He was a star in his career, raised his children lovingly, and remained married to my mom for 59 years. He was also successful at continuing to drink all his life. Before retirement, he drank only on evenings and weekends. After retirement, he drank all day, pouring wine into his coffee cup an hour or so after breakfast. Did he get DUIs? Never. Did he get in fights or become obnoxious? Not even potentially. This is something many drunks wish they could pull off.
The toll was all on himself. He endured endless self-loathing, judged his life irritably as having fallen short, and lived in emotional isolation from those closest to him. There was so much we couldn’t talk about! Resentments flared at the mere mention of certain names. Yes, wine dulled these pains somewhat, but less and less as years went on. He became bitter and snappish.
I am like my father in so many ways besides alcoholism! Sometimes I almost feel I am him as I prune things or cook pancakes or do any of the chores I remember doing with him. When he was dying, I had dreams I would swear were his. As described in my memoir, I’ve had a Near Death Experience, and I often pick up energies/thoughts that are not mine. In these dreams, I was the one dying and looking back on my life.
Approaching death, my father’s consciousness overflowed with anguished regret for having been duped all his life. He felt he had wasted his chance to meet life head-on with honesty and honor. The old mechanism of self-loathing still had him in its grip, as he felt that by having rejected the Catholic church at a young age, he had angered god. I woke filled with these feelings at 4:00 AM and drove across town to tell him, before the dawn of his last day, that god loved him, that he had done beautifully, and that there was nothing to regret. By then he could not speak, but I like to think he could hear.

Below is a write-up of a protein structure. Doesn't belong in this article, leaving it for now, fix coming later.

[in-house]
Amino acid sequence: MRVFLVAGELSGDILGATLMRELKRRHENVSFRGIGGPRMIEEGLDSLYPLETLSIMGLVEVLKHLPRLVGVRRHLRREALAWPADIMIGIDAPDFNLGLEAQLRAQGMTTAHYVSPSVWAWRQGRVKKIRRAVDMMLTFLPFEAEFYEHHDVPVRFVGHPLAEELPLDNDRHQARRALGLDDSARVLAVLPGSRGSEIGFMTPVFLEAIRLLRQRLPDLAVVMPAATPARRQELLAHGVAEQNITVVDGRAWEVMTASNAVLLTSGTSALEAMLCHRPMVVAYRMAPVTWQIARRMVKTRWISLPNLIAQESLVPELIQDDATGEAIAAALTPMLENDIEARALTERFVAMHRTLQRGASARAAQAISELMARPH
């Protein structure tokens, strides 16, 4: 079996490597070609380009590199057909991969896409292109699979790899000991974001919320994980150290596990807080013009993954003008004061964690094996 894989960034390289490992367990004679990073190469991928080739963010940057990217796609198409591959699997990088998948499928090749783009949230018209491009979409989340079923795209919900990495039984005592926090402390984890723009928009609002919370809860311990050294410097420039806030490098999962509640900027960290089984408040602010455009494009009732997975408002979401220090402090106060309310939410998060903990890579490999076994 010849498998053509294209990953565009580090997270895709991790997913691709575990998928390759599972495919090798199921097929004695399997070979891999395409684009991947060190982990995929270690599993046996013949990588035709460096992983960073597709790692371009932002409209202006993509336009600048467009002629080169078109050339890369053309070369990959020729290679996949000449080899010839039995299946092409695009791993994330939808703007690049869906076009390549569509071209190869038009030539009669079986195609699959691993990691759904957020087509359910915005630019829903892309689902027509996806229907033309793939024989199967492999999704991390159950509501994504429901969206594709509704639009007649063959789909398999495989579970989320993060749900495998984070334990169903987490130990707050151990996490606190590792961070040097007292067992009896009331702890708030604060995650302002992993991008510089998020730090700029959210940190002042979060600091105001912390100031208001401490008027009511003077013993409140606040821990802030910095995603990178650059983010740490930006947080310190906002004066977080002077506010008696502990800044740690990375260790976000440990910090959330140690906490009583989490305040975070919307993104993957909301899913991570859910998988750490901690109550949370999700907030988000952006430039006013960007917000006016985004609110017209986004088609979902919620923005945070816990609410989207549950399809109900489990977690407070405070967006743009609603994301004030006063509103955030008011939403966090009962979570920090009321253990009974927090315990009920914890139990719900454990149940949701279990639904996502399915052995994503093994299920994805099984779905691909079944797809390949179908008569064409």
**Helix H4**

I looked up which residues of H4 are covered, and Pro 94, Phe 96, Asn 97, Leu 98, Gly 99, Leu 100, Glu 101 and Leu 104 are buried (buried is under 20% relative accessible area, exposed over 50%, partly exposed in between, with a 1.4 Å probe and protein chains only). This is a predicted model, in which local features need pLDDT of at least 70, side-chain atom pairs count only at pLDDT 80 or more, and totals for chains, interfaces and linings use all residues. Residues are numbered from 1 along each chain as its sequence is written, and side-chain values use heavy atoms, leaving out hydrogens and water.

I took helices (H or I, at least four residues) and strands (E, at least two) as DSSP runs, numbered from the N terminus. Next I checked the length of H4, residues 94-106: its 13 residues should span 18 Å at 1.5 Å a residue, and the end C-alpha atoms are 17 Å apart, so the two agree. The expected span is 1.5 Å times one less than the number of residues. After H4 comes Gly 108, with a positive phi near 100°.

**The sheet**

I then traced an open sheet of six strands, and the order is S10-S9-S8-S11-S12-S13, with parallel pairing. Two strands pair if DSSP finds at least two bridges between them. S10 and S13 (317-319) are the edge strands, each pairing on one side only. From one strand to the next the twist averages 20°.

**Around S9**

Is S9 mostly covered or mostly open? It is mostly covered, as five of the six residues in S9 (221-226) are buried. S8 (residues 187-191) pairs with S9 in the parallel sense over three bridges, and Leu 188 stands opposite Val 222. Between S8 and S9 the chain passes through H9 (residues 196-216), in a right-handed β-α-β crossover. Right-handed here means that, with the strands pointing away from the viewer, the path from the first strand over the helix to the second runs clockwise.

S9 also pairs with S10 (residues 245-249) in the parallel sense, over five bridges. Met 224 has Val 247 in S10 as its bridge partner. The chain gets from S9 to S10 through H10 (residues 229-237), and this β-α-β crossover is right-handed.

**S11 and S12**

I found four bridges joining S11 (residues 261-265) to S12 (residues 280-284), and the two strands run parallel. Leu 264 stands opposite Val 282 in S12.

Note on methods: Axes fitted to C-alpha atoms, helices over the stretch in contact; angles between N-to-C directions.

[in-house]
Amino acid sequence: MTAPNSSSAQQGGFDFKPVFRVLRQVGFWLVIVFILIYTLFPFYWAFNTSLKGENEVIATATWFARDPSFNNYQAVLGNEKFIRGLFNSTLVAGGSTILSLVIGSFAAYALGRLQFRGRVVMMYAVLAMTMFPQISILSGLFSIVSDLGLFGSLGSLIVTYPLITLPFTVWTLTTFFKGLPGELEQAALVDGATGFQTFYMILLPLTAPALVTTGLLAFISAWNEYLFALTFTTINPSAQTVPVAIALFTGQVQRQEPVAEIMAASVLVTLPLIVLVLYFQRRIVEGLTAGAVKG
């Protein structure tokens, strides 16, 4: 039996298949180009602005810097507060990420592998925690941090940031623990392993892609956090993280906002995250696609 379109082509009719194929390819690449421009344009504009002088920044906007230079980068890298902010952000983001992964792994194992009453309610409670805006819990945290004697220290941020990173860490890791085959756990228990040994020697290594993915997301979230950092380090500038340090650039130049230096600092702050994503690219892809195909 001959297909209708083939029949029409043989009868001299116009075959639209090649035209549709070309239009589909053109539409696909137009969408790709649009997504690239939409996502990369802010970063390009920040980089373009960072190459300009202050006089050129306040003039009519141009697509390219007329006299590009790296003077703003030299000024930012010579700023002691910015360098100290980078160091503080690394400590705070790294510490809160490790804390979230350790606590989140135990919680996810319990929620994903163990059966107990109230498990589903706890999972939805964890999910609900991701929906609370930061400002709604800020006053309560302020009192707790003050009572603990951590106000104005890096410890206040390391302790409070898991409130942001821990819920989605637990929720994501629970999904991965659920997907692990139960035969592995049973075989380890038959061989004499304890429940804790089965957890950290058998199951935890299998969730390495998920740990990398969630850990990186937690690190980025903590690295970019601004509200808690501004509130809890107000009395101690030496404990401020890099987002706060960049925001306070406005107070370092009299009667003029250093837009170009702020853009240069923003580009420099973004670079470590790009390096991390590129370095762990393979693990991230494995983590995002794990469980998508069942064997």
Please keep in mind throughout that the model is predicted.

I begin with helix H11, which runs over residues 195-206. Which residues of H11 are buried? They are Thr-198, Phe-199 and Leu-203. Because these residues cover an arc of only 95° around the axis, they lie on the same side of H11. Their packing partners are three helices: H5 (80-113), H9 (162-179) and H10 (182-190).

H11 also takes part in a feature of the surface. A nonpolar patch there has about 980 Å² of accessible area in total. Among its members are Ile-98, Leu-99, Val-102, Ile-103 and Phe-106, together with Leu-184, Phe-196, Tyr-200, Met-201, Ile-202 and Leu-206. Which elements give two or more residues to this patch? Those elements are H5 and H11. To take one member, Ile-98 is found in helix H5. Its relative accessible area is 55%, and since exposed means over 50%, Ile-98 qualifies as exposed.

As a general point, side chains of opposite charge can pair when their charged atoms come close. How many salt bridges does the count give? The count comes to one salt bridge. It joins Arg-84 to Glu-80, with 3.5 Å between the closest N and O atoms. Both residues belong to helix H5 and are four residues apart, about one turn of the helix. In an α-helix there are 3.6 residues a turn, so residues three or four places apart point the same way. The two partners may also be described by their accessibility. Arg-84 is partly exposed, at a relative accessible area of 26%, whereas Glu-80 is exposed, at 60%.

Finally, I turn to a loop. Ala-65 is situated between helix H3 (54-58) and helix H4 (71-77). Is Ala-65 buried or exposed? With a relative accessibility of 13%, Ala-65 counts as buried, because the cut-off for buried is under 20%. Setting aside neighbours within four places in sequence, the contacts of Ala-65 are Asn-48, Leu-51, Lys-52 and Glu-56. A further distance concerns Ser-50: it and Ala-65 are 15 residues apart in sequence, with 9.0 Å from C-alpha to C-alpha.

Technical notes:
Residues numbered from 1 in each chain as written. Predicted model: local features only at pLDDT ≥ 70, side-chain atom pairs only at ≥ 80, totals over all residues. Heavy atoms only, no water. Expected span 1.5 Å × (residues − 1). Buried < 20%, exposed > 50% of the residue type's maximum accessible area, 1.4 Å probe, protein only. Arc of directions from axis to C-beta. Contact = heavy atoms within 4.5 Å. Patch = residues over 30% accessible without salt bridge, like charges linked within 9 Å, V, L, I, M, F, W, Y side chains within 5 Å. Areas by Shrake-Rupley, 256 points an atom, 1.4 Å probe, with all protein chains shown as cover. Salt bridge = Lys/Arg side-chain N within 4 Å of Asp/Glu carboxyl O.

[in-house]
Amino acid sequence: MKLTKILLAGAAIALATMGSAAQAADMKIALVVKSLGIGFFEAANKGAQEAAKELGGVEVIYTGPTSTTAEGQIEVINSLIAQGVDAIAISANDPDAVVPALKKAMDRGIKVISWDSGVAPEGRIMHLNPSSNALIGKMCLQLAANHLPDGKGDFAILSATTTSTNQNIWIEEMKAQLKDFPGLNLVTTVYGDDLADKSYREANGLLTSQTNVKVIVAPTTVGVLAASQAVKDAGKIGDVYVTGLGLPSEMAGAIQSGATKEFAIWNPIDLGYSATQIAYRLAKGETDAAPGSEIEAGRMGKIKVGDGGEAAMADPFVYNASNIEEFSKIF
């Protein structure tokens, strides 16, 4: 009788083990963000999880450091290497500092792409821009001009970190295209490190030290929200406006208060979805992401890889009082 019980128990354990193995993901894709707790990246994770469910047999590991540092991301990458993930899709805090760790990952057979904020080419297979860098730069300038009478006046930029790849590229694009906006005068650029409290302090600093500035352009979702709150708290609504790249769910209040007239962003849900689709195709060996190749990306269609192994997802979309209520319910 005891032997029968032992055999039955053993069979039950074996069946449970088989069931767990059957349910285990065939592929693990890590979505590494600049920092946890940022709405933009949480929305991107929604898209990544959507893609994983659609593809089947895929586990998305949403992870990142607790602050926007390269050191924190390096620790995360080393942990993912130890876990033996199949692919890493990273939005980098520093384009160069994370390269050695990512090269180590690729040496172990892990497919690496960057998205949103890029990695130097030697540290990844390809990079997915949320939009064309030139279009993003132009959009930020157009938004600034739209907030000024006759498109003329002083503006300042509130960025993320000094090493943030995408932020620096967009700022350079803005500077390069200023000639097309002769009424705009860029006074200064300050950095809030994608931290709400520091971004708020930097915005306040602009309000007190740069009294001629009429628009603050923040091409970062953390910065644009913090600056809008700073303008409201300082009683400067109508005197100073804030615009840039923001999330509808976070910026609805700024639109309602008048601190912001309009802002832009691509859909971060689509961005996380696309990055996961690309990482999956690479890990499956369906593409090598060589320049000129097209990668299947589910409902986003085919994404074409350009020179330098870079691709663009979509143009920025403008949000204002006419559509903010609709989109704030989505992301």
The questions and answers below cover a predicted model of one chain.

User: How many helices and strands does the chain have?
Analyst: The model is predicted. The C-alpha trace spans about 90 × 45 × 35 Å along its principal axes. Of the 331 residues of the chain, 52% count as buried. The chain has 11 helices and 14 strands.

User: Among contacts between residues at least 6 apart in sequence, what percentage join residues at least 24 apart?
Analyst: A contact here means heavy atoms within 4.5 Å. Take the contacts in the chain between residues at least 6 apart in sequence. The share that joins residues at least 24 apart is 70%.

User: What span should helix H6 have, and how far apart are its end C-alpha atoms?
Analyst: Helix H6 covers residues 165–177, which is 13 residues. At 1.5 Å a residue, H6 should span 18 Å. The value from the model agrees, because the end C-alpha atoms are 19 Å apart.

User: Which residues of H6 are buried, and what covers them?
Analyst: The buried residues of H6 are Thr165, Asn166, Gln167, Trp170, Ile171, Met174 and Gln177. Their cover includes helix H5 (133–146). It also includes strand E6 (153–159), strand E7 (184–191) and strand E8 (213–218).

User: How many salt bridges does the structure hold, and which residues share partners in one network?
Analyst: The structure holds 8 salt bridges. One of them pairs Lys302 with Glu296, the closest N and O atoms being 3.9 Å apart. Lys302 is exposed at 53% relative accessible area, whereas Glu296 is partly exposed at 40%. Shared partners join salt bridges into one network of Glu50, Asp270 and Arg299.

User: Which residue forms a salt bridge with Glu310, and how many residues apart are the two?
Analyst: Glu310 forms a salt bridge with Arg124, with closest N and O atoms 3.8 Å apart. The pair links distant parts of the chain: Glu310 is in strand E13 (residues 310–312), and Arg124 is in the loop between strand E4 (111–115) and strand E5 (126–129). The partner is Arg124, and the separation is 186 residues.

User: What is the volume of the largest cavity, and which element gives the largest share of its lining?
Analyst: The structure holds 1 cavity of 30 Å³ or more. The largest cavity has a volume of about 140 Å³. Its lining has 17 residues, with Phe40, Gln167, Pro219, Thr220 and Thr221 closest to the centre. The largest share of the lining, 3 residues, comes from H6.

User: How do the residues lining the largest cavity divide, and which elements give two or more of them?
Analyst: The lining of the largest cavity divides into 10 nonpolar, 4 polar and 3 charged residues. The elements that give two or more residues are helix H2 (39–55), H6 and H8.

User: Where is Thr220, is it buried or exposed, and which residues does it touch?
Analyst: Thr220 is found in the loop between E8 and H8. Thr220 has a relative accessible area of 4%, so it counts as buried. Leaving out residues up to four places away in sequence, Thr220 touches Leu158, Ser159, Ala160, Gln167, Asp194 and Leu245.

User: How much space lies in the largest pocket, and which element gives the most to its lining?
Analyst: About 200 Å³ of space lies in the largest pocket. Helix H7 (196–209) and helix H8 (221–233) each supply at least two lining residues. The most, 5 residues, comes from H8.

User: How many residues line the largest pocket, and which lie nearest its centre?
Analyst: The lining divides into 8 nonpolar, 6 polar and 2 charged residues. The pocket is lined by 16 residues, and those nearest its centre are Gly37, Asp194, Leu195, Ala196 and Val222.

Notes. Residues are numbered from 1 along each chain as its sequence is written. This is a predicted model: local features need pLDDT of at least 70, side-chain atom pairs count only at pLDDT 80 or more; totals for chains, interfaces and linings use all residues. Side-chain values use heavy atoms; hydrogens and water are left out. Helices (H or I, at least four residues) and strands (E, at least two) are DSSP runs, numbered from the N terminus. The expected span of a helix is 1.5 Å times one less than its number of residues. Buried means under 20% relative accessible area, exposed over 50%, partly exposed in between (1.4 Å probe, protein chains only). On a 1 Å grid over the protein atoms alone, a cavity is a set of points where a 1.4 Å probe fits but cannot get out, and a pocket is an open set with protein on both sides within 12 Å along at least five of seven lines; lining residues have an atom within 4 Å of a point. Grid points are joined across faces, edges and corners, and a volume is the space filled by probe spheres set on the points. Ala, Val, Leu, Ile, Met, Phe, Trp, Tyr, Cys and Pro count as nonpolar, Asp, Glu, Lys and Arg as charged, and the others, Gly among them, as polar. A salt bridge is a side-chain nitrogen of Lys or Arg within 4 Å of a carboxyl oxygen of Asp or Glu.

My own greatest regret is that I couldn’t get my father sober. I couldn’t even speak to him about his alcoholism or AA. Deeply codependent, I felt overpowered by the intensity of denial in our family: admittedly Dad was an alcoholic, but hey, a healthy one! While my family continues that legacy by toasting Dad’s memory and reflecting how much he’d love to be drinking right now, I’ve recently, after a few years in Al-Anon, decided on a shift. I’ll no longer attend such functions. If my family wants to see me, we can meet for alcohol free events.
There was also no way I could ever speak to my father, even on his deathbed, about the greatest gift he gave me, though I think he knows it now. In a sense, he helped me to find sobriety – a chance to live in the immediacy of life, working to hide nothing from myself and god. In the end, his example of painful denial, of remaining loyal to an illusion, taught me honesty. The greater our honesty, the more life is worth. I wish I could have shared that with him, but it was not to be.